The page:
Well i have a trapped nerve, and as of yet, still no books, so I can’t do a panel at Bristol Con after all, though i will still do a reading. Hurts too much to sit still for too long and I’m not inspired enough to give a book justice or put other books down as they deserve! So that’s a shame and a pain, rather literally.But hopefully i can put the pain to good use in some written way . . .
Anyway, still having some trouble getting the ritual/festival part of book 3 sorted. So i fiddled with the start instead. And as I’ve never shared the beginning, here it is, the beginning of book 3, Children of the Shadow. No real spoilers i think for book 2, so you’re all right to read it
THE ROAD TO THE MOUNTAINS
The ground below me was always hard. Sometimes it was rough and would rumble along, rocking my body from side to side, with the occasion sudden jolt that would make my head thump on the ground before jarring my entire body. Always there was the sound of thunder, with the ground moving. A distant rumble that sounded beneath my head. Something heavy lay over me all of the time, smelling of animals. At times I felt like I was suffocating, drowning in that rich, musty smell. But at others, when I heard the harsh voices, unfamiliar and terrifying, like the voices of giants, sounding near to me, then I would burrow into those heavy covers, wrap myself in the musty smell and hope that the voices didn’t come near to me. Nothing good ever happened when they came near to me.
At other times the ground was smooth, thick, but I could feel something beneath it that was uneven. Still that musty smell was with me, thick and heavy, covering me, pinning me down. Though my mind was fogged, heavy, my thoughts slipping and sliding away from me as I tried to shape them, a part of me had come to understand that this time, when the ground was smooth, was the dangerous time. The time when the owners of those voices would come to me, when they would hold me up and force something down my throat. Sometimes it was hot, sometimes it was cold, always liquid and always leaving me to feel as though I was drowning. Sometimes I would choke, cough, and try to move the heavy parts of me that I could vaguely feel attached somewhere. Once those parts had worked well, letting me move where I wanted, how I wanted. But now they just seemed to flail around, on the edge of my vision, useless heavy lumps that wouldn’t work at all.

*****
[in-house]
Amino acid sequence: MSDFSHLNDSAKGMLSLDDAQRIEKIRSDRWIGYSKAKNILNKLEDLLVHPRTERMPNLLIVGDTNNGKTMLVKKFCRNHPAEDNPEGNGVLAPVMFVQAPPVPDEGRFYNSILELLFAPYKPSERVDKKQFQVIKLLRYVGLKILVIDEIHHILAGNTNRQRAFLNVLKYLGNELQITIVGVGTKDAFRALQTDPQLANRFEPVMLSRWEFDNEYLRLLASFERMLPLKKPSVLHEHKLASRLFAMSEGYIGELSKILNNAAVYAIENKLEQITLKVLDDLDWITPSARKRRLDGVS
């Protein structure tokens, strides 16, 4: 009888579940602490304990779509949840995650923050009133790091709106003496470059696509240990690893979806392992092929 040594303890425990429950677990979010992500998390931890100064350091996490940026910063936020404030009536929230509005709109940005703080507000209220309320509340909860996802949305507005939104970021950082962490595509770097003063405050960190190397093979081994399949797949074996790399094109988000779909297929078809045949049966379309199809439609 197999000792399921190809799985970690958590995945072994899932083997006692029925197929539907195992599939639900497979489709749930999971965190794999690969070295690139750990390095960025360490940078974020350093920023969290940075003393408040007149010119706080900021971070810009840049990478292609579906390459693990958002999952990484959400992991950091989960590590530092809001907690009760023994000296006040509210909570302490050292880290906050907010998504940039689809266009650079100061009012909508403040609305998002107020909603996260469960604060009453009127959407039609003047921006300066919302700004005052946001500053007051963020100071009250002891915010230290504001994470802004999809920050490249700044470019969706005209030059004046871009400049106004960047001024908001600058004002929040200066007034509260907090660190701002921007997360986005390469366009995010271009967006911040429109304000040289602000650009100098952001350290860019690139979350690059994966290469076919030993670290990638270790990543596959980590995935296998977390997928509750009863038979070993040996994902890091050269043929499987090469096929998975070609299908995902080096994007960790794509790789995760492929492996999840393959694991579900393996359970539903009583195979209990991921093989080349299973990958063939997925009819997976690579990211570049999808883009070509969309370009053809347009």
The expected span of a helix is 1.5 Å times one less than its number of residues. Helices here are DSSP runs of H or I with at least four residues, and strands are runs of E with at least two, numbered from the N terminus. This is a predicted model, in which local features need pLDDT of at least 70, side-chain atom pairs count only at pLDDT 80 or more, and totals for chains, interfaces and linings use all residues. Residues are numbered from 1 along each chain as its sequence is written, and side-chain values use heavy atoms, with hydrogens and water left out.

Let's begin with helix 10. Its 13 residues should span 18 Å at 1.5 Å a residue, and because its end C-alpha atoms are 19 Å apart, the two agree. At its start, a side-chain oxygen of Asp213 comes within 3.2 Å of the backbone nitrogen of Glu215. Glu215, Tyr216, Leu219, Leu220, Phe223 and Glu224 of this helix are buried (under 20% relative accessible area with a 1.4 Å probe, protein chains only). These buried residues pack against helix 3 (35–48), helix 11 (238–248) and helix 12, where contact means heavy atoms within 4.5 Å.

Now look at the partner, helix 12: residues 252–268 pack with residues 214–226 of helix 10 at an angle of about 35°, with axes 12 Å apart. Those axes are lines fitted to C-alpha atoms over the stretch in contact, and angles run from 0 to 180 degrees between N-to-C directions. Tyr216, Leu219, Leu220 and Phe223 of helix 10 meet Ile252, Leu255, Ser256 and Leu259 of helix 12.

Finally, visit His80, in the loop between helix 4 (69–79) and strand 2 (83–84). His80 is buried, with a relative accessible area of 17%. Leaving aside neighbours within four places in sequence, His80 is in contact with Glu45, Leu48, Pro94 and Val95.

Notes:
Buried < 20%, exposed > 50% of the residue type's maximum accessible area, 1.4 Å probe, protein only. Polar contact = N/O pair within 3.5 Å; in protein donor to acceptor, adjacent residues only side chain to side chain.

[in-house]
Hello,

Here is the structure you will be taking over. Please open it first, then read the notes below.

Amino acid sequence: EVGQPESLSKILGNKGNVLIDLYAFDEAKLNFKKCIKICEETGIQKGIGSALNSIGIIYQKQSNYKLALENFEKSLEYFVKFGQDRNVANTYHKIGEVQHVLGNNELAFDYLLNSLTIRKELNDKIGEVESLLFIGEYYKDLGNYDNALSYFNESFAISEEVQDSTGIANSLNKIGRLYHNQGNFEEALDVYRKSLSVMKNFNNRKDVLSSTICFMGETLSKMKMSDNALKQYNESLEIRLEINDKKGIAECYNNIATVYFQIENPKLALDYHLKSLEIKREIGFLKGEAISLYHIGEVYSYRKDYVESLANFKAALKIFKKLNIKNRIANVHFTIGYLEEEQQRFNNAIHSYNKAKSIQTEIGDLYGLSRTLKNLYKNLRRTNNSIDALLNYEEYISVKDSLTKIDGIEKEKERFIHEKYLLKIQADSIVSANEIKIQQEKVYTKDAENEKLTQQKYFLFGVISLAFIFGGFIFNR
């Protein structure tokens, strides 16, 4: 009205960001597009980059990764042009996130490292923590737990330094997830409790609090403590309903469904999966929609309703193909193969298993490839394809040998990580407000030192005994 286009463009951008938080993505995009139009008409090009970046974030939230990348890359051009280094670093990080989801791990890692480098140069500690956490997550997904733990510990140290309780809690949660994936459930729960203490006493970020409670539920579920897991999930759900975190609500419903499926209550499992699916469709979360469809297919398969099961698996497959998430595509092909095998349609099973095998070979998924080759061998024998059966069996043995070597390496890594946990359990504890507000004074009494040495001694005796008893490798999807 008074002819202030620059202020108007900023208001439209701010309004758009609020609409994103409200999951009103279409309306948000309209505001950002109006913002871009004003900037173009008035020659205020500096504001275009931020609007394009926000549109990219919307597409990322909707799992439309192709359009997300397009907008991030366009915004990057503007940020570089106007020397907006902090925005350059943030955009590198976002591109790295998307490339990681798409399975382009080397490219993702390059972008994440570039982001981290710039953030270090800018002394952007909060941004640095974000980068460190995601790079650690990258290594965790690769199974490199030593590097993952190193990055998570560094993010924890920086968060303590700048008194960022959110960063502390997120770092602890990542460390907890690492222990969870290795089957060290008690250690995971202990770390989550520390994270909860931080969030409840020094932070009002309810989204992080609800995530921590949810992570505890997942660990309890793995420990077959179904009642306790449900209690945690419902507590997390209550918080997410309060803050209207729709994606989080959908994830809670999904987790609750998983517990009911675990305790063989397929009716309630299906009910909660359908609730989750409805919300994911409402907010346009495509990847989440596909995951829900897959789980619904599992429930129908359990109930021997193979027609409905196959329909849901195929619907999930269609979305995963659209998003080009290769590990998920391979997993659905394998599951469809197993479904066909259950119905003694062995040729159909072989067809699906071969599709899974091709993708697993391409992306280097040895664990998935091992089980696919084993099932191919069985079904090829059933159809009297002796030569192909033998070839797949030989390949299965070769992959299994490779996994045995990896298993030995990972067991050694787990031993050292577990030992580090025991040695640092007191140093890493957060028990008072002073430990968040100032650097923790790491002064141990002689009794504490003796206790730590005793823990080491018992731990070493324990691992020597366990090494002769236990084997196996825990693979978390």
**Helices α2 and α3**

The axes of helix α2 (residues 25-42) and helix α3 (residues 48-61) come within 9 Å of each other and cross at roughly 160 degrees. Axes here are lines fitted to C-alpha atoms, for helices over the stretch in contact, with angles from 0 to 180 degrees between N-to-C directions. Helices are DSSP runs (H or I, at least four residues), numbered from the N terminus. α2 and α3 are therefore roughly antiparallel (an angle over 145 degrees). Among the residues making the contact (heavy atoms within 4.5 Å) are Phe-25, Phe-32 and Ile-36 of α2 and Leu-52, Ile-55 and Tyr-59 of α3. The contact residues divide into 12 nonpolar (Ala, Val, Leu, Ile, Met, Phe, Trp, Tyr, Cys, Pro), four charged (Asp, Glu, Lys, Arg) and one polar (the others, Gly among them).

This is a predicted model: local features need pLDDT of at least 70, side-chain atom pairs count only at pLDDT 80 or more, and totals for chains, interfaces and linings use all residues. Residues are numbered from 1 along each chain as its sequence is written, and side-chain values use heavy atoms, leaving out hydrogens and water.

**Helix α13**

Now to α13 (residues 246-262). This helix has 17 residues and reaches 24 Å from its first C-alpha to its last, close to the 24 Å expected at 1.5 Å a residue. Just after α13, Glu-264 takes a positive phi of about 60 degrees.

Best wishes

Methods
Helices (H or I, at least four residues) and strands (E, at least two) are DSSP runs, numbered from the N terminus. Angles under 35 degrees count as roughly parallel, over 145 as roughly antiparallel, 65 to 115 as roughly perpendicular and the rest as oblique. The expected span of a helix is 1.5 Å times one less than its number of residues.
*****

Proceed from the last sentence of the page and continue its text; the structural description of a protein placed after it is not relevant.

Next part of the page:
Always these encounters ended the same way. A rough hand over my mouth, the smell of something sweet and heavy, which flowed through me, bring with it a darkness so total and complete it was as though I was dead.
“Candale. Candale!” The voice in the blackness was strangely urgent and insistent and, with it, I was vaguely aware of a hand on my shoulder, shaking me, trying to stir me awake. But a part of me knew that being awake was loud and scary and it hurt. I rather stay in the darkness.
But then my body was moving beyond my control, the darkness rolling backwards, as I was pulled up to my feet and supported by two strong arms and, against my best efforts, the waking world slammed back around me.
Noise. A roar. It was all around me and it took a moment before I could separate the sounds, identify them as screams and shouts, the whiny of horses, the clash of metal against metal and pop and crackle of a fire. But I couldn’t understand them. It was usually so quiet, nothing but that familiar rumble or those harsh voices. Never this much noise, enough to make my, already, aching head want to split.
And then, as I was dragged forward, light and movement and smells joined the noise. Shadowy figures were moving all around us, the source of the shouts and screams, and swords glinted and reflected the dozens of fires that were burning all around us. The smoke was thick, it stung my eyes and set them to watering, and made it hard to breathe. I started to cough and the movement set a lance of white pain shooting through my already pounding skull. My vision was swallowed in a flurry of bright stars and spots and my legs collapsed beneath me. But I didn’t fall, the arms supporting me held me firm and continued to drag me through the roar of noise. Panic gripped me and I tried to pull free, to back away from the chaos all around me, but the arms held tight and continued to carry me on.
“Wait . . .” I managed to gasp, despite my dry mouth and thick tongue and a brain heavy with fog.
“We can’t,” said a male voice, the owner of the arms to my left. “We need to get you out of here, to safety.”
Safety. A magical word, one I had dreamed of, in the clearer moments of my captivity, one that meant freedom and warmth, my friends, my family, my home. Just hearing it made my legs feel weak and I nearly collapsed again this time from relief. Thankfully the arms were still there, holding me.
“Sorry,” I whispered, and forced myself to focus, to scramble for the elusive words. “Drugged. Been drugged.”
“It’s all right,” said the same man again. “We don’t have far to go.”
It might not have been far, but it certainly felt that way to my aching head and dead weight body. By the time we reached our destination, a group of horses standing still within earshot of the roar of sound coming from the camp, I was more dragged than walking. They had to lift me onto the back of a horse and, when the man who had spoken to me swung up in the saddle in front of me, I found it so difficult to keep my head upright that I pressed it to his lean back. For a moment I was still and the pain was eased, just a little, by that support.
And then the horse lurched into movement beneath me and we took off, galloping into the night. I tightened my grip, squeezed shut my eyes and prayed that I wouldn’t be sick.